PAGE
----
Discussion from Fore/aft Balance thread

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Re: Moving Fore/aft Balance

Postby GThomas » Wed Nov 04, 2015 1:19 pm

1) How does improving STATIC balance and STATIC fore/aft alignment translate to the DYNAMIC requirements of skiing?

2) Did you improve static balance in a deep flex or standing tall?

3) Did you improve static balance with the boots in or out of the skis?

4) Did you improve static balance on a flat surface or on a slope?

Hi Max

1) It may or may not improve dynamic balance but for me it is a good start.
For example if I am unable (as last year) to even transfer weight onto the ball of my foot even when trying hard to do so (one example only) this does not aid in my athletic abilities within the dynamic environment.
2) Improved from fully flexed to a stood tall position with weight maintained through the center of my foot lower leg held within the cuff of the boot
3)Balance was improved in and out of skis each leg in turn. Note this showed up the other day several postural muscle imbalances between the right and left side. I was able to stand on the right leg far easier than the left which introduced inefficient and compensatory movements already vastly improved.
I also stand in the boots on a balance cushion one leg at a time.
4) Flat surface skis on I don't have the facilities for a slope in the skis I have a wobble board which provides a slope when used off center wearing the boots only.

Is this dynamic movement no, is it skiing no, is it the best I can do right now yes.
Last year due to an inadequately fitted insole (my fault) combined with too strong a posting removing foot function (poor decision on my part) etc I was held onto my heels or supported primarily under the arch, I was unable to get weight balanced over the foot. or to transfer weight along the foot. There were many other faults in the boot system. and this year I know in terms of the boot set up, I will go onto the hill with a set up which as a start will allow me to balance and move way beyond any previous set up so I am excited by that. The cherry on the cake will be increased comfort also.
Will the set up be optimised well all things are possible but most likely not as this does require on snow experiences/results. Some of that I may be able to tweak some not.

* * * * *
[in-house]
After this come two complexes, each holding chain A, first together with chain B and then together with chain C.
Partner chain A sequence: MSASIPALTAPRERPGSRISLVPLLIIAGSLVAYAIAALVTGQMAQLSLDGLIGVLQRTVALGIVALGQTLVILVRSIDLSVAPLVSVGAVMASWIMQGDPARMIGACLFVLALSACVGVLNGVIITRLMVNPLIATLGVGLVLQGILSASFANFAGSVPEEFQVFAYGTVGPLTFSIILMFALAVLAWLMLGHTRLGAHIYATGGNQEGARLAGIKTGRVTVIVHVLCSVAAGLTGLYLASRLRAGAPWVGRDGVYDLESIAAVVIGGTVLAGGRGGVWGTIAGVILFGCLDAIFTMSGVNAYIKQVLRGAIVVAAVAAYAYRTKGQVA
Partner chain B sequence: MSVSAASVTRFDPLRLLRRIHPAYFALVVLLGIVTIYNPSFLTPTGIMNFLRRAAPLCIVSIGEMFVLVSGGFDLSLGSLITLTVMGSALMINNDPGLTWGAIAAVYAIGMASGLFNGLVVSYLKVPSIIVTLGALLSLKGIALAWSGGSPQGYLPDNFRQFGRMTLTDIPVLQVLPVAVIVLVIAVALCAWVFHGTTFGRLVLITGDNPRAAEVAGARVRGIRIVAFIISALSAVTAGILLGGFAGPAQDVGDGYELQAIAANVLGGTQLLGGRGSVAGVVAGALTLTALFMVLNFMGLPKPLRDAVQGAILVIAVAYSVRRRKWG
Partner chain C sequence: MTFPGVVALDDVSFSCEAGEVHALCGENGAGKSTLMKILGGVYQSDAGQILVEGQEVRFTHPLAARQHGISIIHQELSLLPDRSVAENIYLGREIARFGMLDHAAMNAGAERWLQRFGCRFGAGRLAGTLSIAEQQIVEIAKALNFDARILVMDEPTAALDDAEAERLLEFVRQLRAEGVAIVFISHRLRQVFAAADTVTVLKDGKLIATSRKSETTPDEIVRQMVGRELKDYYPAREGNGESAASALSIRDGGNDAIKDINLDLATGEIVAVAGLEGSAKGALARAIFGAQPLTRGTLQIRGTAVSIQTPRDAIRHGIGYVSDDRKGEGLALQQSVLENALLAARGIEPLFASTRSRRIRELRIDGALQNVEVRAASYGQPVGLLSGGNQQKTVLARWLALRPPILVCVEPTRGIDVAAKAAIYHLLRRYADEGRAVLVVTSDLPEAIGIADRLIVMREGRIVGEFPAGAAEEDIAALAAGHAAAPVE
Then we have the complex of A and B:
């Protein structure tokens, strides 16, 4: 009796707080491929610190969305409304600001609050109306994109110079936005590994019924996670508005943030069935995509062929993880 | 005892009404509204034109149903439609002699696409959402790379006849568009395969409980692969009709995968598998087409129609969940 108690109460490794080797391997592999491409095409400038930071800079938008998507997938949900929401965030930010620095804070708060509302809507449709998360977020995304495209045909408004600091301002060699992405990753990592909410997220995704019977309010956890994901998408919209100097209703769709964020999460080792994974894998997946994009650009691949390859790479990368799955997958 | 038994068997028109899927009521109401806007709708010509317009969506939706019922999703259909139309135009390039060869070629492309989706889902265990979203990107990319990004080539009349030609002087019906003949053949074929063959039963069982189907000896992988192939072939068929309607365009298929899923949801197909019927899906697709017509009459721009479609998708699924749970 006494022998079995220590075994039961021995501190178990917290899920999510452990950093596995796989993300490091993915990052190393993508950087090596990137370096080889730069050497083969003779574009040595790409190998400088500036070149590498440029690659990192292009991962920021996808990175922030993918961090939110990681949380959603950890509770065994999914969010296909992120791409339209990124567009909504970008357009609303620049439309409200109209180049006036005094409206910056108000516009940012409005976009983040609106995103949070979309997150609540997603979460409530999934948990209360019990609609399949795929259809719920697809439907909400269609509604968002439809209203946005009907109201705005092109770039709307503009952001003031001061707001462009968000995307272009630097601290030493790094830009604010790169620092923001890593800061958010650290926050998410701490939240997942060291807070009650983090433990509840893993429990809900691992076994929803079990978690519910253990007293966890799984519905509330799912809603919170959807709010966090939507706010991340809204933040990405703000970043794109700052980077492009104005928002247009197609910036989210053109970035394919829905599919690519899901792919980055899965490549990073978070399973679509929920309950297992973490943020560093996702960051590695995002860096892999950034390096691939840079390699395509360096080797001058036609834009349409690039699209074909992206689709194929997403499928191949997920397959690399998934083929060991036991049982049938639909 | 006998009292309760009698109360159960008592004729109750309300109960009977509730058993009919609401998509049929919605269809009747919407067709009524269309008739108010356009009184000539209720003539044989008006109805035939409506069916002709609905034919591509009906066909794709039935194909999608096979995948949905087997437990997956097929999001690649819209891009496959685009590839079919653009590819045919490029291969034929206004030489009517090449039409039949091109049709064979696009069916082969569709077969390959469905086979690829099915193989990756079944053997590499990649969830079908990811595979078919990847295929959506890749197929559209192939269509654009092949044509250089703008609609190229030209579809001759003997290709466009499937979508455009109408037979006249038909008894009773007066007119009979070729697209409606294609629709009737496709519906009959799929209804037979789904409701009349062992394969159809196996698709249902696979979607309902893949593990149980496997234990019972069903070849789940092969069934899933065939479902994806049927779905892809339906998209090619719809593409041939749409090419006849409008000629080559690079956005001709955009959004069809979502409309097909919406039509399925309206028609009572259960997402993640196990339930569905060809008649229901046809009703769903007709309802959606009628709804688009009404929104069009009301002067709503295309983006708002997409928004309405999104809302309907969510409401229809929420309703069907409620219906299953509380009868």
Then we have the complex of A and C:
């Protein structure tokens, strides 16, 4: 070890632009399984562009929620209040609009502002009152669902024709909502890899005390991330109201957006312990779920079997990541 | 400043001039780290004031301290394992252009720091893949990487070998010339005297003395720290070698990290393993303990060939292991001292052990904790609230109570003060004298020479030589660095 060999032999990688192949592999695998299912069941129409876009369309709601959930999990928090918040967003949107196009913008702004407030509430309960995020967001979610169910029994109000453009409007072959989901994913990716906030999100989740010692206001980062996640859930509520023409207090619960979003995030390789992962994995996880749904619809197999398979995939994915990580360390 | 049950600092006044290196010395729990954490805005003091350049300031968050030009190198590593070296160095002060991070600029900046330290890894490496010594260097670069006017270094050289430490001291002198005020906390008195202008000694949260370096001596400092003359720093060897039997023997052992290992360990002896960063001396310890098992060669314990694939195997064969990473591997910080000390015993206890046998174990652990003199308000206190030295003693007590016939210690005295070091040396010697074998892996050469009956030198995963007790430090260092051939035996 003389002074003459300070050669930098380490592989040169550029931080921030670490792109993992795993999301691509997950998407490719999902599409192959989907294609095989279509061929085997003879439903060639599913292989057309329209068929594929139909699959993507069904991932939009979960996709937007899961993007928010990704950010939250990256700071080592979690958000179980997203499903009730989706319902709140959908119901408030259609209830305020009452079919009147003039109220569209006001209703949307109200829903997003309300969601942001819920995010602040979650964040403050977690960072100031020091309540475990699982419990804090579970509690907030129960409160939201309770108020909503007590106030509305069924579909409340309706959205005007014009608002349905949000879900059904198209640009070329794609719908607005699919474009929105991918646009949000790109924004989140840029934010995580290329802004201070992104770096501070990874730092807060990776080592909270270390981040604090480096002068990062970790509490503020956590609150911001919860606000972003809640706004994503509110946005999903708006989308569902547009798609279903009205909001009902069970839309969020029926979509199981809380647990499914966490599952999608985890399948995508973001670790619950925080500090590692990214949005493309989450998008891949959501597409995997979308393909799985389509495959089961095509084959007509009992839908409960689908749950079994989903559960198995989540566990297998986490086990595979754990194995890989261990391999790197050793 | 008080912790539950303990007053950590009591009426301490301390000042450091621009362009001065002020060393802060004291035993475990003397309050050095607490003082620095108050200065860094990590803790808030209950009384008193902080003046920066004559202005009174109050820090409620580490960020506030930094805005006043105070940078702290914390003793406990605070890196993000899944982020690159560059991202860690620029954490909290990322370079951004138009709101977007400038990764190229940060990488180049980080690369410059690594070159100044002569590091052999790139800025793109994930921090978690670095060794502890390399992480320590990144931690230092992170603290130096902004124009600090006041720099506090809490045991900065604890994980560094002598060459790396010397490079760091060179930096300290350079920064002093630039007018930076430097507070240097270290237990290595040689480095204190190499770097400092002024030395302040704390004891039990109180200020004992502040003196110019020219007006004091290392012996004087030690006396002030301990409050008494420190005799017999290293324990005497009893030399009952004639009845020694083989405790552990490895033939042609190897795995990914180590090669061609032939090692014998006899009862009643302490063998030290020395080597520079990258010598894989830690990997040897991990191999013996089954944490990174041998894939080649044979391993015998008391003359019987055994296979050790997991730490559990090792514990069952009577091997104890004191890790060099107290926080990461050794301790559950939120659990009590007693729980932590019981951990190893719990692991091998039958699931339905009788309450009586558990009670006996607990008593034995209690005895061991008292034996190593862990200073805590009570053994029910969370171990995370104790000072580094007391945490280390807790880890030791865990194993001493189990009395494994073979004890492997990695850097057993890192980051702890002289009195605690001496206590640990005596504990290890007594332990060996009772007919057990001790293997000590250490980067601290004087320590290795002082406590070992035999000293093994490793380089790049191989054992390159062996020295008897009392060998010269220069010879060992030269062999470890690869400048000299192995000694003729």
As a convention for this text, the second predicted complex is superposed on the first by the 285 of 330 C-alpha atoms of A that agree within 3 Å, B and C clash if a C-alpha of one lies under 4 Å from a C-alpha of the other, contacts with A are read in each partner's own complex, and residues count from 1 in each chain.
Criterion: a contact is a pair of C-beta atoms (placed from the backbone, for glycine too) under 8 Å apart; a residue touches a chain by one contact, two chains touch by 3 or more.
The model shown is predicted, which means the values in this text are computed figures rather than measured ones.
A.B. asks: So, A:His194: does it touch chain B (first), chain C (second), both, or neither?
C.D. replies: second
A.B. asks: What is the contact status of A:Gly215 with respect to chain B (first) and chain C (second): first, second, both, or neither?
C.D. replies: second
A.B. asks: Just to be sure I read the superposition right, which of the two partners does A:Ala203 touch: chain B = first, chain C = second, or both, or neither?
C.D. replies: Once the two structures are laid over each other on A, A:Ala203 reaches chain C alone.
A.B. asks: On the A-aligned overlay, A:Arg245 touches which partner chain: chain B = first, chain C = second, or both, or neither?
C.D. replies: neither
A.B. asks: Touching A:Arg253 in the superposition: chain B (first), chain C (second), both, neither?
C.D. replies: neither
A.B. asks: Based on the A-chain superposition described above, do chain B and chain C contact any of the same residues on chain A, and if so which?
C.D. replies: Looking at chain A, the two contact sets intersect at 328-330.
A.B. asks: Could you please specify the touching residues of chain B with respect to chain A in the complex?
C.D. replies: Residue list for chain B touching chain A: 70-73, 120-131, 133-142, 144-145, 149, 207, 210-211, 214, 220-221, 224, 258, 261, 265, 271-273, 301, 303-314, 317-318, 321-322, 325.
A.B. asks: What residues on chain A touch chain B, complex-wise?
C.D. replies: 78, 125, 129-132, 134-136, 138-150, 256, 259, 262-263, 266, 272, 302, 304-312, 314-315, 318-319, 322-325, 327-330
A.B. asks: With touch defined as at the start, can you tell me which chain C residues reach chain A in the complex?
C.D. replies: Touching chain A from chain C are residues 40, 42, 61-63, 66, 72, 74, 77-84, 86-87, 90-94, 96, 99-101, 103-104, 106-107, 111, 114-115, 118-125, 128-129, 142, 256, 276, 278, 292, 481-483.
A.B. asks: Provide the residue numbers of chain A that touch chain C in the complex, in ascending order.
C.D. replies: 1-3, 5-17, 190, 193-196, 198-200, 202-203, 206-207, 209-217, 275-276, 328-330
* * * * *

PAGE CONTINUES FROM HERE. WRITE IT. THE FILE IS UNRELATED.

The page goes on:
What I hope to get from this season is a greater ease of movement, improved balance which allows greater enjoyment and confidence, and continued learning/progress.

Hi Gaku
I suspect we are on the same page with some of how we work, but with a tweak for me in this instance.
I previously learn't of how to ski, mostly for me this was I looked at the skis as a tool saw how they work and treated them as a tool to utilise the function of. This year first time ever I have the opportunity to spend a long time on snow and looked into all aspects of the sport for myself, applied my research and then my own mind. In my profession there is an expression "only use that which filters through your own God given reason" I found PMTS and like many who are enthusiastic I looked and it all make sense. I can see the difference between what I learn't to do as against what HH teaches, and see the benefits and logic of Haralds approach. However for me to do it right I will likely try what happens when you alter aspects like don't pull the foot back. When I experience what then happens that does not work it 10 fold has me doing the correct thing and avoiding the wrong movement than if I pull my foot back because someone told me this is the way to do it.
I am sure you know exactly what I mean :-)
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Re: Moving Fore/aft Balance

Postby HeluvaSkier » Wed Nov 04, 2015 7:36 pm

Holy crap you people complicate a relatively simple concept. :?
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Re: Moving Fore/aft Balance

Postby Max_501 » Wed Nov 04, 2015 8:32 pm

A quote from HH that might help -

Harald wrote:There are no hidden meanings, no unspecified movements, secret handshakes, just the essentials. Maybe that's what's confusing you, its too simple, to structured and to application oriented. Maybe it needs more BS. Sorry, I meant just not complicated enough for some to understand.
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Re: Moving Fore/aft Balance

Postby blackthorn » Wed Nov 04, 2015 11:46 pm